A Tale of Two Secrets-Part Three – The Horror – how to get it right


The horror is on the inside [©2010 ]

The horror is on the inside – A Film Unfinished                          [©2007 Sophie Dulac Productions ]

The horror, the horror…

The vocabulary is literal.  So, the problem becomes for the movie maker, how do I take this literal vocabulary and find a representative image for something that is so outside the realm of any human experience? ~Sidney L. Lumet, director of The Pawn Broker [17]

In this installment of my three part series we will continue the discussion of the evolution of the media depiction of the Holocaust via a comparison and contrast of two recent European films: Gilles Paquet-Brenner’s 2010 movie Sarah’s Key and Nicolas Klotz’s Heartbeat Detector by bringing to our attention the dramatic use of horror as a quality necessary for the effective portrayal of the Nazi [in particular] crimes against humanity of the Second World War.

Spoiler Warning!  [CCA Tim Davies]

Spoiler Warning! [CCA Tim Davies]

[This is your fair warning, a certain amount of the two movies Sarah’s Key and Heartbeat Detector will be revealed, that you might not want to be revealed if you haven’t watched the movies]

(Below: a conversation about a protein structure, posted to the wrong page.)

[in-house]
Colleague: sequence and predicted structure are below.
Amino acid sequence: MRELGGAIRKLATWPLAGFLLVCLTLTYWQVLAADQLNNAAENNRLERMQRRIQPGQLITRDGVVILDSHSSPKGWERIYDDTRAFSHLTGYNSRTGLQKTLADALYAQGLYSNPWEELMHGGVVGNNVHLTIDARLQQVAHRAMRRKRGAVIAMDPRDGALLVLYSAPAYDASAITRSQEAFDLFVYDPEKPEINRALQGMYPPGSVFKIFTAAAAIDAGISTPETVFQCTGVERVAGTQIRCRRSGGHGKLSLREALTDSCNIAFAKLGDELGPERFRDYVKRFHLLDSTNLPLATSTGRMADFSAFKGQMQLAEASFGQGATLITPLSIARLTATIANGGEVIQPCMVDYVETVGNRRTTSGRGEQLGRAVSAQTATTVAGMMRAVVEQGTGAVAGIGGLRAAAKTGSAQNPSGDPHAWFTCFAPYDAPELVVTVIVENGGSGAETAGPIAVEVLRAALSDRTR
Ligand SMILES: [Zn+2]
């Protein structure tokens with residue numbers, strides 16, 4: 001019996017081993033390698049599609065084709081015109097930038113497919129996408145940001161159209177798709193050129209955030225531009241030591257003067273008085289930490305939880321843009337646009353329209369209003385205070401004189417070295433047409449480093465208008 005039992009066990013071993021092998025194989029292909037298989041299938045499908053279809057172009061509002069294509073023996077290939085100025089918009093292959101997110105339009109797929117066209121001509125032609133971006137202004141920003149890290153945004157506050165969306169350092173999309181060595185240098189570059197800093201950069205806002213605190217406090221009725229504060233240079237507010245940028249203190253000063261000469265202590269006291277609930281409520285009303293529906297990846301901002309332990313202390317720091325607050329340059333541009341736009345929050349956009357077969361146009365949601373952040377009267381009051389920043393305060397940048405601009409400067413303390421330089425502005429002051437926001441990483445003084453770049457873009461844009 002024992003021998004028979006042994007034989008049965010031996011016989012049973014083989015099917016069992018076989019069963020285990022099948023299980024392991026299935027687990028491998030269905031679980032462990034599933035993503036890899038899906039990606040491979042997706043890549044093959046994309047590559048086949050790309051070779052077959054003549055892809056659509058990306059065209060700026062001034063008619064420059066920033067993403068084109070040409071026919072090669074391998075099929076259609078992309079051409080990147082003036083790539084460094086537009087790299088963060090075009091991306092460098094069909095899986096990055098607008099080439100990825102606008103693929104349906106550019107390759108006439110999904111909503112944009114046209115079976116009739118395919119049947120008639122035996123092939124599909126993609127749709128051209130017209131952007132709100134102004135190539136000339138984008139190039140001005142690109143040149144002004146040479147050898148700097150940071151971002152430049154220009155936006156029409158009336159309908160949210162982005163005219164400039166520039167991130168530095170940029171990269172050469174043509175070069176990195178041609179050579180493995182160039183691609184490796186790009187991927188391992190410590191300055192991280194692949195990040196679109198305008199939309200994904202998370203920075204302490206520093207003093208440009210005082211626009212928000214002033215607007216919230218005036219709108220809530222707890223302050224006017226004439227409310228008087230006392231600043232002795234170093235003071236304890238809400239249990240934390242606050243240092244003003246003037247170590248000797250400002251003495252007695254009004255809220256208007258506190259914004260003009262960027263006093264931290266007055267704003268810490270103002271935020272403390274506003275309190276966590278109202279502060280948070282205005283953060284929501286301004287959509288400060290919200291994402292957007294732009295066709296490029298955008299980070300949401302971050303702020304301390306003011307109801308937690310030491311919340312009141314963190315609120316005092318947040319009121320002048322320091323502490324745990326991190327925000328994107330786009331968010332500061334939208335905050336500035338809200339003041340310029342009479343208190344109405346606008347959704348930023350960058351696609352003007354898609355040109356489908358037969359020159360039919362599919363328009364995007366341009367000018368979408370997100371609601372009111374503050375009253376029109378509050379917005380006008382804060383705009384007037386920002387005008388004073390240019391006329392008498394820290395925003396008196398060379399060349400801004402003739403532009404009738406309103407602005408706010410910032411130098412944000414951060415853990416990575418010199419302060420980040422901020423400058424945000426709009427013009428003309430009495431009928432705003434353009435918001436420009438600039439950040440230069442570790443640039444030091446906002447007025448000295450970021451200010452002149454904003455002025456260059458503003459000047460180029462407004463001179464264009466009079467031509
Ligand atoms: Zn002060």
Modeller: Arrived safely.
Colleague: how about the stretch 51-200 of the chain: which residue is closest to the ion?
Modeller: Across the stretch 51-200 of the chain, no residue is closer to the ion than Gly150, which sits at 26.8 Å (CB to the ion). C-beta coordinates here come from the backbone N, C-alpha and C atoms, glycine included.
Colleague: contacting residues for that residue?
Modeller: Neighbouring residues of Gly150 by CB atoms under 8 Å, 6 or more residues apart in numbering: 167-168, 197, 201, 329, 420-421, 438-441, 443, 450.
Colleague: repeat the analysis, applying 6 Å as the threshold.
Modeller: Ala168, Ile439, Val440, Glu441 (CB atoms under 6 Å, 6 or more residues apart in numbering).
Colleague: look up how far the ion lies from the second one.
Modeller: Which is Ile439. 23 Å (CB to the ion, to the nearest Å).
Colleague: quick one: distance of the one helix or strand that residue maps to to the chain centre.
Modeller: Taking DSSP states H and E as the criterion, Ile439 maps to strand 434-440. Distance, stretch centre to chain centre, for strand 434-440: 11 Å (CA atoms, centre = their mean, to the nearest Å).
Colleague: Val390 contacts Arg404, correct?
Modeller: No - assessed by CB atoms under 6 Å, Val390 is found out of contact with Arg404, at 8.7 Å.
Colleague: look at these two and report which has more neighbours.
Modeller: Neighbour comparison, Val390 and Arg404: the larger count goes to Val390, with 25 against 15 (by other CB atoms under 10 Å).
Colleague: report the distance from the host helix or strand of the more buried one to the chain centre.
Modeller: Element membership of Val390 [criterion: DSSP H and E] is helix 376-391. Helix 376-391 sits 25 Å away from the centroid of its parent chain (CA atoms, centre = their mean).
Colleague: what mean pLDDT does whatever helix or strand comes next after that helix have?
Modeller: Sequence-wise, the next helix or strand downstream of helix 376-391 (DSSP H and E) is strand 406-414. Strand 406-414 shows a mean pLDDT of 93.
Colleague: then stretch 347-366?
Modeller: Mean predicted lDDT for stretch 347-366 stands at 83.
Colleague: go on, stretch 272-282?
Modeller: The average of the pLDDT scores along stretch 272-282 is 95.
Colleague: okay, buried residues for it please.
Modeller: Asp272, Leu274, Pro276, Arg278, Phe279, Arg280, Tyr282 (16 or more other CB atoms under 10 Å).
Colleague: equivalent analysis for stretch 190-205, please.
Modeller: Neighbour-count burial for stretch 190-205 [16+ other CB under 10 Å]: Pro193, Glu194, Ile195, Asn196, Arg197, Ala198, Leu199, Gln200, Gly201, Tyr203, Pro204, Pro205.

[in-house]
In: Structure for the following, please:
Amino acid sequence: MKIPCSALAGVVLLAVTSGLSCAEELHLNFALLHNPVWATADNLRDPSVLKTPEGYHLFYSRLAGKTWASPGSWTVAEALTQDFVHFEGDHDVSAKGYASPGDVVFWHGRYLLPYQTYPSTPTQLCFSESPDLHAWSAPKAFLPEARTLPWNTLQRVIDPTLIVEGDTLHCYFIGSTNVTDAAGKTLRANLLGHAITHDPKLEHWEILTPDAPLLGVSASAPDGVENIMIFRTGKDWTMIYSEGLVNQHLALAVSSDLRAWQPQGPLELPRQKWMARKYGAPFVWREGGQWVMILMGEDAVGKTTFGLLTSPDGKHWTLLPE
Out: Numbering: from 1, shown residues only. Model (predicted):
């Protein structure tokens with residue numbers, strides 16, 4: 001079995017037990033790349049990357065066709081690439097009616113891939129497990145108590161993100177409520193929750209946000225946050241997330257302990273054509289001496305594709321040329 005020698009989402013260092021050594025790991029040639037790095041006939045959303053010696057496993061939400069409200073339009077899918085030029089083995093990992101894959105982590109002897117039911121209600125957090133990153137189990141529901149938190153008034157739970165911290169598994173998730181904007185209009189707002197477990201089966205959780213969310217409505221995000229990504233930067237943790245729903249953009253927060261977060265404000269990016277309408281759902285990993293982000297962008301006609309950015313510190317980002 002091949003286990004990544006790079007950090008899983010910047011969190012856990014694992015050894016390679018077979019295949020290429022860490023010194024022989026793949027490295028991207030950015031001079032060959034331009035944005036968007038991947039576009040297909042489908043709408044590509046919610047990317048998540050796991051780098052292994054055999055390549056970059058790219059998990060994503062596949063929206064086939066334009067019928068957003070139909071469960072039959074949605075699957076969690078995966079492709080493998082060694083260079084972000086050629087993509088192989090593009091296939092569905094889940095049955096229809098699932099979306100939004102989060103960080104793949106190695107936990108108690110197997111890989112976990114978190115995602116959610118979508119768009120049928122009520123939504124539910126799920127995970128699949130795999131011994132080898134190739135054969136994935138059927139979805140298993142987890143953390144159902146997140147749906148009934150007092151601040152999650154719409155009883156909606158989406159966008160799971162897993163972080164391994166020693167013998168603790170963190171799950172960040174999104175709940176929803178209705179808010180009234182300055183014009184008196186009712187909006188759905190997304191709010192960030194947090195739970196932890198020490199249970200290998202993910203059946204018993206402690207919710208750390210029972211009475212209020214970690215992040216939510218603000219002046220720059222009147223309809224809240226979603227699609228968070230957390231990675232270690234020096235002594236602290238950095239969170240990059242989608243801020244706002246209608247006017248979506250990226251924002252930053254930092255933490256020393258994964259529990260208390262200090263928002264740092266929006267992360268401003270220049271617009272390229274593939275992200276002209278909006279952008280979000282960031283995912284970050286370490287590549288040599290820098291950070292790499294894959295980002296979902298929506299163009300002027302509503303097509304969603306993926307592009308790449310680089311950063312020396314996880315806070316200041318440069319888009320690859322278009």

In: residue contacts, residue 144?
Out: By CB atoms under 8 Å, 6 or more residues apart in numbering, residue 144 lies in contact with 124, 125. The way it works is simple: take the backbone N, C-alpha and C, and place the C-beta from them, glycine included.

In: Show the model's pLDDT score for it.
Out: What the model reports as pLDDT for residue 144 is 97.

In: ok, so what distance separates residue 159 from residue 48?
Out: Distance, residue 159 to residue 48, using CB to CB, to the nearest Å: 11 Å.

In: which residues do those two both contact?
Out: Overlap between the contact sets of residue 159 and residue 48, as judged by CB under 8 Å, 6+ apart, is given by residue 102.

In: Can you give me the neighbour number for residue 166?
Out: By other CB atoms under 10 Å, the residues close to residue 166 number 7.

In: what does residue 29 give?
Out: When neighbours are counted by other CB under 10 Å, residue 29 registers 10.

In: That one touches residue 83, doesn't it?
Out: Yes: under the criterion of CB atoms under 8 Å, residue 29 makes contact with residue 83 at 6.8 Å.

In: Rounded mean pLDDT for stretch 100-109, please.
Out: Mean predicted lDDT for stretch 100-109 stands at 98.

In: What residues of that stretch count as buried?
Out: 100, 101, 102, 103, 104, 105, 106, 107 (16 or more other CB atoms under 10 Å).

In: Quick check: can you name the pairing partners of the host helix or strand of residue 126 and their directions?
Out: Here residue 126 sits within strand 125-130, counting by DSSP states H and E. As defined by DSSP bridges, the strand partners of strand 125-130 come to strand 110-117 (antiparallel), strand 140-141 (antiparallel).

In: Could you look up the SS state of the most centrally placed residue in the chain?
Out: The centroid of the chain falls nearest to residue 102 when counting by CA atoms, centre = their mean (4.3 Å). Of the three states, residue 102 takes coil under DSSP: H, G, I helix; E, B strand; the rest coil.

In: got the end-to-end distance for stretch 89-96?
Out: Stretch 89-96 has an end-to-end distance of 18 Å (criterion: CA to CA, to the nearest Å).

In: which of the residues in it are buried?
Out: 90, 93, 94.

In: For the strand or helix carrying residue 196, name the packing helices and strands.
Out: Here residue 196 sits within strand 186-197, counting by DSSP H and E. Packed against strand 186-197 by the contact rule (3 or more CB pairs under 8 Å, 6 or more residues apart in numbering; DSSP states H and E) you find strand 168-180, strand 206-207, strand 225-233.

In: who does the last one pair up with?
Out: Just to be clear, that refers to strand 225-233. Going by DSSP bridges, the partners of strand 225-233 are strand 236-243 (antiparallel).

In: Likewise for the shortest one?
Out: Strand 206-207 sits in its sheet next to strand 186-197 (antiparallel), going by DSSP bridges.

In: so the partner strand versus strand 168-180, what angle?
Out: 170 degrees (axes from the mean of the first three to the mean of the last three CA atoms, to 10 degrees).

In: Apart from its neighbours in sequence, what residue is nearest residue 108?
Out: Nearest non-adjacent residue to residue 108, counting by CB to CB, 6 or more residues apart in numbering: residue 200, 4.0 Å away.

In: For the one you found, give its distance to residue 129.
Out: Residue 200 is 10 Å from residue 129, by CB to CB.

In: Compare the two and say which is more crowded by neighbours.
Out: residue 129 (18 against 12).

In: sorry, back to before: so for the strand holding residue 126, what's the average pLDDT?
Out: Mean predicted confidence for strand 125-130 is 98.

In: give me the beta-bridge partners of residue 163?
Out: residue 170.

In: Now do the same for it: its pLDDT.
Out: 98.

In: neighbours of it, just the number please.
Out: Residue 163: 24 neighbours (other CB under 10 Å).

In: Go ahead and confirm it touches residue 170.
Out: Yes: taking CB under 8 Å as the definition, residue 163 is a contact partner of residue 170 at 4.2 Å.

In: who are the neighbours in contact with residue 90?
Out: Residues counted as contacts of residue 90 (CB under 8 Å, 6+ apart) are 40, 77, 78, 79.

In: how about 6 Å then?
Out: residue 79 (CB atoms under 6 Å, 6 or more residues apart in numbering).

There is a certain quality that any movie that attempts to take on the subject of the Holocaust seriously must poses if it is not to fall flat, to fail in its responsibility to its audience, that is horror.  The horror the film maker is aiming for needs to be a type of psychological horror that the audience can perceive strongly enough to be able to distinguish what was truly unique and unprecedented about the holocaust, that it was something so vast and evil we could ordinarily never have conceived of it, from the more ordinary and human tragedy that we see in other subjects filmmakers turn their lenses to. The holocaust was something so horrific, only horror can shed light on it.  At the same time we also need to be shown that there are patterns and traces of the holocaust permeating history right up to the present day, and back further through history.

Hard to do.

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A Tale of Two Secrets – Imaginary Witnesses: one that got it wrong and one that got it right


The Unknown Righteous Among the Nations at Yad Vashem               [Avishai Teicher, PikiWiki]

Movie reviews are the last refuge of those who cannot write, and at least in this case, those who cannot buckle down to finish writing something he would rather not, long after the original élan for the project has left.  So, this is what you are going to get instead.

So to strike while the iron is still hot enough to strike without significant risk of it becoming overwrought [in the metallurgical sense of the word] here we go.